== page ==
A talented and passionate painter, Hampton Bays resident Harvey Herman talks about his career path, inspiration, artistic process, family and why the past two years have been the best of his life.
What was the inspiration for the painting featured on the cover?
The koi! We raise koi. When my wife and I moved out here nine years ago, there were a few koi in the two ponds by our house—now there are 82 and we know 90% of them by name. The two you see stay together all the time. They’re very poetic, very special and they pair off like people. I like to photograph them.
One of the things that inspires me is living out here. We used to come out to visit my brother, who lived out here for 60 years, but now we live out here full time. You hear a lot about the light out here but until you’ve experienced it year-round you have no idea. We live on the bay and I take a lot of pictures of the reeds and grasses around the water. You just hope you can capture it. I can’t imagine living anywhere else. My wife was equating it with Paris, that every time you turn a corner, there’s the architecture and the light. The light here is profound.
So photography plays a role in your artistic process?
I was in the advertising business for many years, and I was also a film director. I capture things with my camera, then I can edit them and put them together, and then paint them.
You get excited and capture that moment and put it in a painting. That’s the key to all my paintings. It gives me a deeper understanding of myself and of life when I paint. I think that’s true of any art—you look at something you see every day, you may not appreciate it but once you put it down in the way you know, whether it’s written or painted, then it’s immortalized. That’s what painting is to me.
How did you get your start as an artist?
I think I’ve always been an artist. My father said I could never make a living out of it, so I became an advertising guy instead. I had my own agency for 16 years—Herman and Rosner. We did a lot of things, the “MTA Train to the Plane,” a lot of projects for Coty…I changed the name of all Flying A gas stations to Getty. I was both a copyrighter and an art director. I was also a creative director for five other ad agencies. I was actually a chemist when I graduated school, but I hated it and knew that I wanted to do something creative. It brought me back to art. The first painting I ever sold was to the owner of the first agency I worked for. I used to paint on my lunch breaks. I was very lucky in advertising, I met a lot of creative people. I’ve always loved painting and wanted to get back to it. My two daughters told me to stop doing everything else and just paint. I’m very happy that I did. The past two years have been the best in my life.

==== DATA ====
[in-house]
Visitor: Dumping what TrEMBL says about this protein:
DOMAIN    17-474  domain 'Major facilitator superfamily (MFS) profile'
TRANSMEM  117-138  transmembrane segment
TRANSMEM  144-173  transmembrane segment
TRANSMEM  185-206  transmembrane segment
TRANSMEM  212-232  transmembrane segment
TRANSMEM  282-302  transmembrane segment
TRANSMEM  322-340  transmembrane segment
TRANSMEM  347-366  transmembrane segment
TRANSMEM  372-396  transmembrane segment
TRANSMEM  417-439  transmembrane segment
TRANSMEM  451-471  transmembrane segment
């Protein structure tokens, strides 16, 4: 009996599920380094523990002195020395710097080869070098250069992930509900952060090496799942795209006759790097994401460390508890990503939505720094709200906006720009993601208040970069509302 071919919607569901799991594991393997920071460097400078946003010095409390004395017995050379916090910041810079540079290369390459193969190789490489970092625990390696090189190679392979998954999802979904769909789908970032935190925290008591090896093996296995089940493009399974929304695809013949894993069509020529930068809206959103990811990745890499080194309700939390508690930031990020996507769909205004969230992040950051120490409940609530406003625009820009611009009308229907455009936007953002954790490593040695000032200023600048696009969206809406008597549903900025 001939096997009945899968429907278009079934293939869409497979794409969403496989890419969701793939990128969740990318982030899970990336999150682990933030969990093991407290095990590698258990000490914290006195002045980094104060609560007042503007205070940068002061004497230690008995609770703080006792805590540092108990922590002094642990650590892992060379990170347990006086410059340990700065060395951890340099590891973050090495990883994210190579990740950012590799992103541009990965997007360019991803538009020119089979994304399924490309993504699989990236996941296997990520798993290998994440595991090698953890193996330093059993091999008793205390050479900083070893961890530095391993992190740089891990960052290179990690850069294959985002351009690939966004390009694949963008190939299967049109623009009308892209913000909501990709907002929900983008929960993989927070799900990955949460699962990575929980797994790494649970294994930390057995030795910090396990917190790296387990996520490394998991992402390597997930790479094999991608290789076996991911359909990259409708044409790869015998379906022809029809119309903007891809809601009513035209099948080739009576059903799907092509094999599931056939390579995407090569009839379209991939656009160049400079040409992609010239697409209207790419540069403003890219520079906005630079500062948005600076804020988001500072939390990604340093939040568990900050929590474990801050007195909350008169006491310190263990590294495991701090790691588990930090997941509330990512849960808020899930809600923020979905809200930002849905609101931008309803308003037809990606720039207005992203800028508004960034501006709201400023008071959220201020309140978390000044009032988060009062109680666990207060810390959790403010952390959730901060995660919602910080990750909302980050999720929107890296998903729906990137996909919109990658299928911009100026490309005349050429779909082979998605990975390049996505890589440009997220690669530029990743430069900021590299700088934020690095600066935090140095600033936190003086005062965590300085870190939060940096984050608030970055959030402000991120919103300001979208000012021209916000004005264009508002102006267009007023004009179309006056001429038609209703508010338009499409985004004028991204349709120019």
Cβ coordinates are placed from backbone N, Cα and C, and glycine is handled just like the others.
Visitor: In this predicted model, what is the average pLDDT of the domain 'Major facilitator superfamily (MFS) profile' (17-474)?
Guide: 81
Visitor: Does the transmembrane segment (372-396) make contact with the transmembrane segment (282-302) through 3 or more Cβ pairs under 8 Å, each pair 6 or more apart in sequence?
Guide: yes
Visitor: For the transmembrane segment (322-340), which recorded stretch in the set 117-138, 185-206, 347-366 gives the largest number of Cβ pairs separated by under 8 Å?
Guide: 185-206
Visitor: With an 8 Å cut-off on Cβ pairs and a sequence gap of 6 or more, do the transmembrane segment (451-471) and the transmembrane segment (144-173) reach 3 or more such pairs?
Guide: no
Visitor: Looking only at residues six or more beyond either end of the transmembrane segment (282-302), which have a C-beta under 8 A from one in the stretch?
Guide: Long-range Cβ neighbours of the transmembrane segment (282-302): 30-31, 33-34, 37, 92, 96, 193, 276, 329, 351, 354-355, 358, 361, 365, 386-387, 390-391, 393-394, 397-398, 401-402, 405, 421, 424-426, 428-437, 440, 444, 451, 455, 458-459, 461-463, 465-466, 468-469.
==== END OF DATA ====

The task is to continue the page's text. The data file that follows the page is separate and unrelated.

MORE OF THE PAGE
What paints do you use?
All oils. I do a lot of sketching with pen and charcoal, but when I finally get to putting it down, I use oils. You can layer them, you can go over and over with them until you get depth. Watercolors are different—you can’t layer, so you just have to do one and then move on to the next.
I also like to teach children about painting, especially my five grandchildren. They all paint and they soak up everything. I was just talking to Shane, he’s 8, explaining primary, secondary and tertiary colors. It opened the door for him and he started teaching his older brother. The dialogue is terrific, so honest. It’s beautiful.
Are there any new projects you’re working on?
I’m working on a number of paintings of koi right now. I don’t have an agent and I don’t have a gallery, but it’s amazing, every time people see the paintings they offer me places to show them. I have a one-man show in Westhampton Beach at the Bath & Tennis Club coming up on June 22.
To see more by Harvey Herman, visit harveyhermantheartist.com. The artist’s exhibition at the Bath & Tennis Club, 231 Dune Road in Westhampton Beach, will be held June 22 from noon to 3 p.m.